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Boulder Microfabrication Facility

The Boulder Microfabrication Facility (BMF) is a 1700 square meter (18,000 square foot), ISO class 5 (class 100), clean room dedicated to providing state-of-the-art micro- and nano-fabrication capabilities to meet the microelectronic and microelectromechanical systems needs of NIST-Boulder staff members and their direct collaborators. Roughly 60 percent of all the research on site passes through the BMF in one critical way or another.

New BMF capabilities include:

  • Electron Beam Lithography: The JEOL JBX-6300FS e-beam lithography tool allows wafer-level lithography of features as small as 8 nm. Compared to our former capability, it has 1000 times better position registration and 1000 times faster write speed. It will facilitate advances in nanoscale metrology and the fabrication of quantum information devices, single-photon detectors, biomagnetic reporters, magnetic sensors and memory elements, and superconducting devices.
  • Maskless Aligner: The Heidelberg MLA-150 is a versatile optical lithography tool used to directly write a pattern onto a wafer using either a 375 nm or a 405 nm wavelength laser. The tool can accommodate substrate from 1 cm chips to 150 mm wafers and write with a resolution of 0.9 µm. It has decreased the cycle time for rapid prototyping of designs by eliminating the need for optical reticles or masks.
  • Integrated Photonics: The BMF is investing in infrastructure and tooling to support integrated photonics. Recent examples include a dielectric thin-film sputtering system and plumbing a plasma-enhanced chemical vapor deposition (PECVD) system with deuterated silane (SiD4) in order to produce higher optical quality dielectric films. Optical quality can be measured with two new tools: a white light spectrophotometer and a Metricon prism-coupled spectrometer. The BMF is procuring a wafer bonder, a three-dimensional optical printer and interconnect tool, a die-bonder, an indium deposition system, an additional PECVD system with process gasses for optical films, and an atomic-layer deposition system.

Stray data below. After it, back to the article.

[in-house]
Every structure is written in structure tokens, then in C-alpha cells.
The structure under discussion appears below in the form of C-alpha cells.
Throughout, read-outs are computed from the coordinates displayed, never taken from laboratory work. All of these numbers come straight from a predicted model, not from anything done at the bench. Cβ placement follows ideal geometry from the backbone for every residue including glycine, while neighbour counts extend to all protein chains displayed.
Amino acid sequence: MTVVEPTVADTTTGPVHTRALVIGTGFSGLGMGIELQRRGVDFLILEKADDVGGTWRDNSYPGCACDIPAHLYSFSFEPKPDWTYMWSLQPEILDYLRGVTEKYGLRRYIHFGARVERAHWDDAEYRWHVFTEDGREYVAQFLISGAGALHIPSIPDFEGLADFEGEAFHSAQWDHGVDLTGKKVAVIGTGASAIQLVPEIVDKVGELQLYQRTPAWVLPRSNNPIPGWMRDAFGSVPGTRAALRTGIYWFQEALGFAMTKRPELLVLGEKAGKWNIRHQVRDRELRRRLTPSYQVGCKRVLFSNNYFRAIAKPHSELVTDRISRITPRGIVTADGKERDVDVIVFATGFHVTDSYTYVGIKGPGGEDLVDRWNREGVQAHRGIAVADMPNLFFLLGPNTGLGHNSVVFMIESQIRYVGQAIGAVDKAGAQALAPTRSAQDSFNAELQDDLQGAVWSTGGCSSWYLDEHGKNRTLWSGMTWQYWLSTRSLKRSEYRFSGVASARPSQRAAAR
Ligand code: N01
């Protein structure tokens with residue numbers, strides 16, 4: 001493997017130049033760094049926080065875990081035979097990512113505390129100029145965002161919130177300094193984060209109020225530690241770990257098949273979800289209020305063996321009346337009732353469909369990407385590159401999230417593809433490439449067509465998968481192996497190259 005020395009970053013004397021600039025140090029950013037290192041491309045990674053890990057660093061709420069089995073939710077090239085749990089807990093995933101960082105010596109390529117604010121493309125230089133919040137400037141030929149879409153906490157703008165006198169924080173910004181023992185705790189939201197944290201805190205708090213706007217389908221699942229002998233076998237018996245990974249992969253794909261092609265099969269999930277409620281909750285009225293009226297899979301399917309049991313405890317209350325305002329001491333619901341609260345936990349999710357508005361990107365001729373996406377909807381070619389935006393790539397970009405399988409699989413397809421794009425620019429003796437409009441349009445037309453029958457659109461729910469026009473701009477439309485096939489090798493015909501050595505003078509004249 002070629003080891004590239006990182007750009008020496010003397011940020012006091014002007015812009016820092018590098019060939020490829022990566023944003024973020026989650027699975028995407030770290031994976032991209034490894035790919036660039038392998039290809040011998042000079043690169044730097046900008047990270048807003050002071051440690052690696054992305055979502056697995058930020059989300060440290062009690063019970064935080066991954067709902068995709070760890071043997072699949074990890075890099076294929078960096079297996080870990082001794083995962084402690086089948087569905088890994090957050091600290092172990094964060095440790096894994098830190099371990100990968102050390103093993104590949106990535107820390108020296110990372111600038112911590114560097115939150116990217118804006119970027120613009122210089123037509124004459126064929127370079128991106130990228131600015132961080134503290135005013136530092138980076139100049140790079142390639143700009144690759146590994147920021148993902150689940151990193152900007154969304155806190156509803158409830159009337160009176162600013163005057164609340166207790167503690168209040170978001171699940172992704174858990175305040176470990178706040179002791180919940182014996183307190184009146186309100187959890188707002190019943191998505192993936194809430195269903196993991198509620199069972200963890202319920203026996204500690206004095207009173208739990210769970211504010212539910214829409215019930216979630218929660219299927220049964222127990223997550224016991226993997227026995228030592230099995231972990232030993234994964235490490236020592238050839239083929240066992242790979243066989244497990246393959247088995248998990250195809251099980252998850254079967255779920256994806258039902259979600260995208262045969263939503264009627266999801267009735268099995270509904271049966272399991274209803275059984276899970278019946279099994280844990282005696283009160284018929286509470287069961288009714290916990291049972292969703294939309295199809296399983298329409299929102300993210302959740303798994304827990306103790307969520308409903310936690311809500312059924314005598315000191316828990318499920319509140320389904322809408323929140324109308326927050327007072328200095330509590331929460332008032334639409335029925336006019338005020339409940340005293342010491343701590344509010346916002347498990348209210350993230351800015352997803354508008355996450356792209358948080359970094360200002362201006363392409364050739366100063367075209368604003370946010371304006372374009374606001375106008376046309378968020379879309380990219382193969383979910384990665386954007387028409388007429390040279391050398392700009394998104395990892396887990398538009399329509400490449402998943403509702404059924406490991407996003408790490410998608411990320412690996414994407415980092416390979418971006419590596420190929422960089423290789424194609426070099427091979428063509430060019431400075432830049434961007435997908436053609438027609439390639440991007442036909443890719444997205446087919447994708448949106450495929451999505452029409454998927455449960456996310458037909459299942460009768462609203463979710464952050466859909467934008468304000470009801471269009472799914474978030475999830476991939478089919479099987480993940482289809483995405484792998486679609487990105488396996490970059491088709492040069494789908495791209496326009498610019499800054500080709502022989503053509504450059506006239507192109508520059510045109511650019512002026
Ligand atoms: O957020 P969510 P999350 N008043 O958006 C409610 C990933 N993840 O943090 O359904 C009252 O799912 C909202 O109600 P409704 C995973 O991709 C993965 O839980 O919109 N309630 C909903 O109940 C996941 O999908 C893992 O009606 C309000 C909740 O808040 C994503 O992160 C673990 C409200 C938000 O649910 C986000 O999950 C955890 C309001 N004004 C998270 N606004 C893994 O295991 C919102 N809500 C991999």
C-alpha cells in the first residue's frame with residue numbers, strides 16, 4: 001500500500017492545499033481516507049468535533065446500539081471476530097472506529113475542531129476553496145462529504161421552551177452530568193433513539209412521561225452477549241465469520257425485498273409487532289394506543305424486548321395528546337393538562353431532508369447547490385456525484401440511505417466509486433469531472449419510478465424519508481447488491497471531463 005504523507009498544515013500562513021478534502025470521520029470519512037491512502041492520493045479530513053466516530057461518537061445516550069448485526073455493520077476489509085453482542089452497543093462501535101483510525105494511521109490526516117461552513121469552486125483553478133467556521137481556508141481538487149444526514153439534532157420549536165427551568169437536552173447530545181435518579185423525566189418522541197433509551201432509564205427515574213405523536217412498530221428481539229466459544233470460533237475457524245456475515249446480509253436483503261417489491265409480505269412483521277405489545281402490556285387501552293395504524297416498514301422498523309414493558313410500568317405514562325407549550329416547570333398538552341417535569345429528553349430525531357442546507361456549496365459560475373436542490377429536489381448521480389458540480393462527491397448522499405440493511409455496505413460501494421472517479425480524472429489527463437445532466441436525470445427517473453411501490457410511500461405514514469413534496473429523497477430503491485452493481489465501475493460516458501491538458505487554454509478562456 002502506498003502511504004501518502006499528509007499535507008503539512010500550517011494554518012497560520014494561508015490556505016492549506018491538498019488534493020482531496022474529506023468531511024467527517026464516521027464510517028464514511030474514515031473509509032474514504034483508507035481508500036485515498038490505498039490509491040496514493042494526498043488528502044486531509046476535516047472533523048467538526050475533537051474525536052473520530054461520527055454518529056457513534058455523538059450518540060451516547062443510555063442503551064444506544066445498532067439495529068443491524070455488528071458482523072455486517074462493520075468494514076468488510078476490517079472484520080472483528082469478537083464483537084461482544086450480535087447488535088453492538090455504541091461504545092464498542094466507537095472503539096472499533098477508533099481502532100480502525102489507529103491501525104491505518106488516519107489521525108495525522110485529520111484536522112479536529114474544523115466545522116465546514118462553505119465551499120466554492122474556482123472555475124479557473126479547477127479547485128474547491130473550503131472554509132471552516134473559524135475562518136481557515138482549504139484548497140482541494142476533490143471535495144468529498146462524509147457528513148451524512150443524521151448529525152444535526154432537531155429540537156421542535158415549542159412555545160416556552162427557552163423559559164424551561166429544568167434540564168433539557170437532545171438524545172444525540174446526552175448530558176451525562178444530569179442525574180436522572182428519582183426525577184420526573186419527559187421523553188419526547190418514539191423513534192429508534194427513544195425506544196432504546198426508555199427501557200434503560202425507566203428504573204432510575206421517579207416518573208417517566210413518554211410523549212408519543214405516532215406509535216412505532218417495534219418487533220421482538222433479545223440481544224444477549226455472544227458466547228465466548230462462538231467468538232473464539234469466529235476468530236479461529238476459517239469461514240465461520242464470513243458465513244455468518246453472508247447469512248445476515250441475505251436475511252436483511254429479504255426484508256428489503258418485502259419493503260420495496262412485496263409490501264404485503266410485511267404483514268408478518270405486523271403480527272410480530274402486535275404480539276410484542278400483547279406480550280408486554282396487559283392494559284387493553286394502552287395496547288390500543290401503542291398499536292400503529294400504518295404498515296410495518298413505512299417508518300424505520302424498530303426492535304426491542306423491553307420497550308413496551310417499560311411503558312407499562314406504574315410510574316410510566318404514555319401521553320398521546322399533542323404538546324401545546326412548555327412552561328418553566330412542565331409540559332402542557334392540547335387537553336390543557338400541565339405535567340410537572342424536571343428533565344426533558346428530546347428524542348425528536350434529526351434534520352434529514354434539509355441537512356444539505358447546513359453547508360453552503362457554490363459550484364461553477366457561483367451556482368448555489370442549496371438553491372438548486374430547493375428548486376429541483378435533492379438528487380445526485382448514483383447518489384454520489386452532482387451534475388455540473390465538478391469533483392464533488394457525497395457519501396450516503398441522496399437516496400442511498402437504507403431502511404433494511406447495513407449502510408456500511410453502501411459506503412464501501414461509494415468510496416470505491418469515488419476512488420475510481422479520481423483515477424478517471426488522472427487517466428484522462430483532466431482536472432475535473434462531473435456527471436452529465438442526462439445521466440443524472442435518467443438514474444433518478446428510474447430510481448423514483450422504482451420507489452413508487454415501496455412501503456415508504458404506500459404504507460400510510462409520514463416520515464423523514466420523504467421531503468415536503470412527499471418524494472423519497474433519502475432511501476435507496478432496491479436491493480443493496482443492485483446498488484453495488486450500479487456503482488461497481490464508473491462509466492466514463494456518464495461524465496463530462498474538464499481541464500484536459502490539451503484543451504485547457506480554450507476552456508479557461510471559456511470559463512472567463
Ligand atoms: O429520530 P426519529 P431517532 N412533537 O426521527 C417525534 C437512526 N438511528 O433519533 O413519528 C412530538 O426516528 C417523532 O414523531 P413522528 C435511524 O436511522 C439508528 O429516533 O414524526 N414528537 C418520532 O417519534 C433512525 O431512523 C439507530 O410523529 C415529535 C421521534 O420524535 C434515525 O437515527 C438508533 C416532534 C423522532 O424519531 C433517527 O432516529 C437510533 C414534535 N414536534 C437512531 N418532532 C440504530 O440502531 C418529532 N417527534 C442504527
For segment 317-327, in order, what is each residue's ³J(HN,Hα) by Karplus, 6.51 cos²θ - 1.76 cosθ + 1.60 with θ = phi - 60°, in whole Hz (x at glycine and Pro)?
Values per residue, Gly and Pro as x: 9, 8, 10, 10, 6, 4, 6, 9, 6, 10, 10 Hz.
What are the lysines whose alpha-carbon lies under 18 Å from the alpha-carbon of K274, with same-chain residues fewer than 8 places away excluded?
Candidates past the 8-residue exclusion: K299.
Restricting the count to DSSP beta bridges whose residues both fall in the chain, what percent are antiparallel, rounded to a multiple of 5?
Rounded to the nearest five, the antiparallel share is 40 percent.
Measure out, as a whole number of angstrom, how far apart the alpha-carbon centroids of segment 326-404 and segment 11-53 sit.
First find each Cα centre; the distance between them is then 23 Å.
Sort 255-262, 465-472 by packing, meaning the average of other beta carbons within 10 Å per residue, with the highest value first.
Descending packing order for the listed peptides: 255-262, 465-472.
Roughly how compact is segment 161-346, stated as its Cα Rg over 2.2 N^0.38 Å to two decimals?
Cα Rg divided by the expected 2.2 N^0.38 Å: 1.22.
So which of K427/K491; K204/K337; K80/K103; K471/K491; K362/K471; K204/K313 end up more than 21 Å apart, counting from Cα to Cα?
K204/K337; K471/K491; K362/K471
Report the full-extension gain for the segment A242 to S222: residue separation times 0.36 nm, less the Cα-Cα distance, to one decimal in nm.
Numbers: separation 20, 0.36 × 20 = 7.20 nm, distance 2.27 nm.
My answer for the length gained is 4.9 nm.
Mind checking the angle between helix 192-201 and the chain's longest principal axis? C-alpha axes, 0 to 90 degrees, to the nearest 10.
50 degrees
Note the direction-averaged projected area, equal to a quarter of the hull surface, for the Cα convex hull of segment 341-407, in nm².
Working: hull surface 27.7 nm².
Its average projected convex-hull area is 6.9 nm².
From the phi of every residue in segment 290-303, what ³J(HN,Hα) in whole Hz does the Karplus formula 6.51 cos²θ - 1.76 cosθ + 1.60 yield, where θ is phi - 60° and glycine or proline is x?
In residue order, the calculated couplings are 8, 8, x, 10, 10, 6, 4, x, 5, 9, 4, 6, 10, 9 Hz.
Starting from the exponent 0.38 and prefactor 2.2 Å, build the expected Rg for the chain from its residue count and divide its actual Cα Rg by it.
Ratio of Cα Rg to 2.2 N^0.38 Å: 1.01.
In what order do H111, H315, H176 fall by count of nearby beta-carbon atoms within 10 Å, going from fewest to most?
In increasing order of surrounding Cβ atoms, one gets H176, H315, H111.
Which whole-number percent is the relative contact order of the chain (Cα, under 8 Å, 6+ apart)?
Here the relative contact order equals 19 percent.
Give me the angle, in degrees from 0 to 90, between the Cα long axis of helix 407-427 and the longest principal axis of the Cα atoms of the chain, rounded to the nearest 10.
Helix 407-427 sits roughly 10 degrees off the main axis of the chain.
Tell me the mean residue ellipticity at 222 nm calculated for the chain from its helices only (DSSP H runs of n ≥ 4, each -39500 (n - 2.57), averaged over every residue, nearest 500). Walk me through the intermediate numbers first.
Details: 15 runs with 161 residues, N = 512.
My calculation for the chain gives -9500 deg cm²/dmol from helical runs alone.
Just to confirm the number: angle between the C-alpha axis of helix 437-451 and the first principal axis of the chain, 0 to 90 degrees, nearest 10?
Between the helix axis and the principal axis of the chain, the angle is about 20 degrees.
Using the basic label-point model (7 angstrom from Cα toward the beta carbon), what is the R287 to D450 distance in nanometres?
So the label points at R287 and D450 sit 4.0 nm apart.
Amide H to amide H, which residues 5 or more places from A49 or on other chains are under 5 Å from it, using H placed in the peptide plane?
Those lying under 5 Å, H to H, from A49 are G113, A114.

• Chemical-Mechanical Polishing: As circuits become more complicated and require an increasing number of layers, thicker films are required to cover the steps in previous layers, which can limit functionality and feature size. We recently purchased a chemical-mechanical polishing machine that can planarize layers of silicon dioxide. It has allowed researchers to fabricate more complex circuitry and polish optical films that were roughened during the fabrication processing.
  • Furnaces: A critical step in preparing silicon wafers for device fabrication is the growth of an initial layer of thermal oxide or silicon nitride. We are installing a bank of four furnace tubes to grow thick silicon oxide layers using steam; thin oxides using a wet/dry oxidation process; and silicon nitride, polycrystalline silicon, and silicon oxy-nitiride using chemical vapor deposition.


Group Leader

Group Office Manager

Postal address: Microfabrication Group, NIST - 687.10, 325 Broadway, Boulder, CO 80305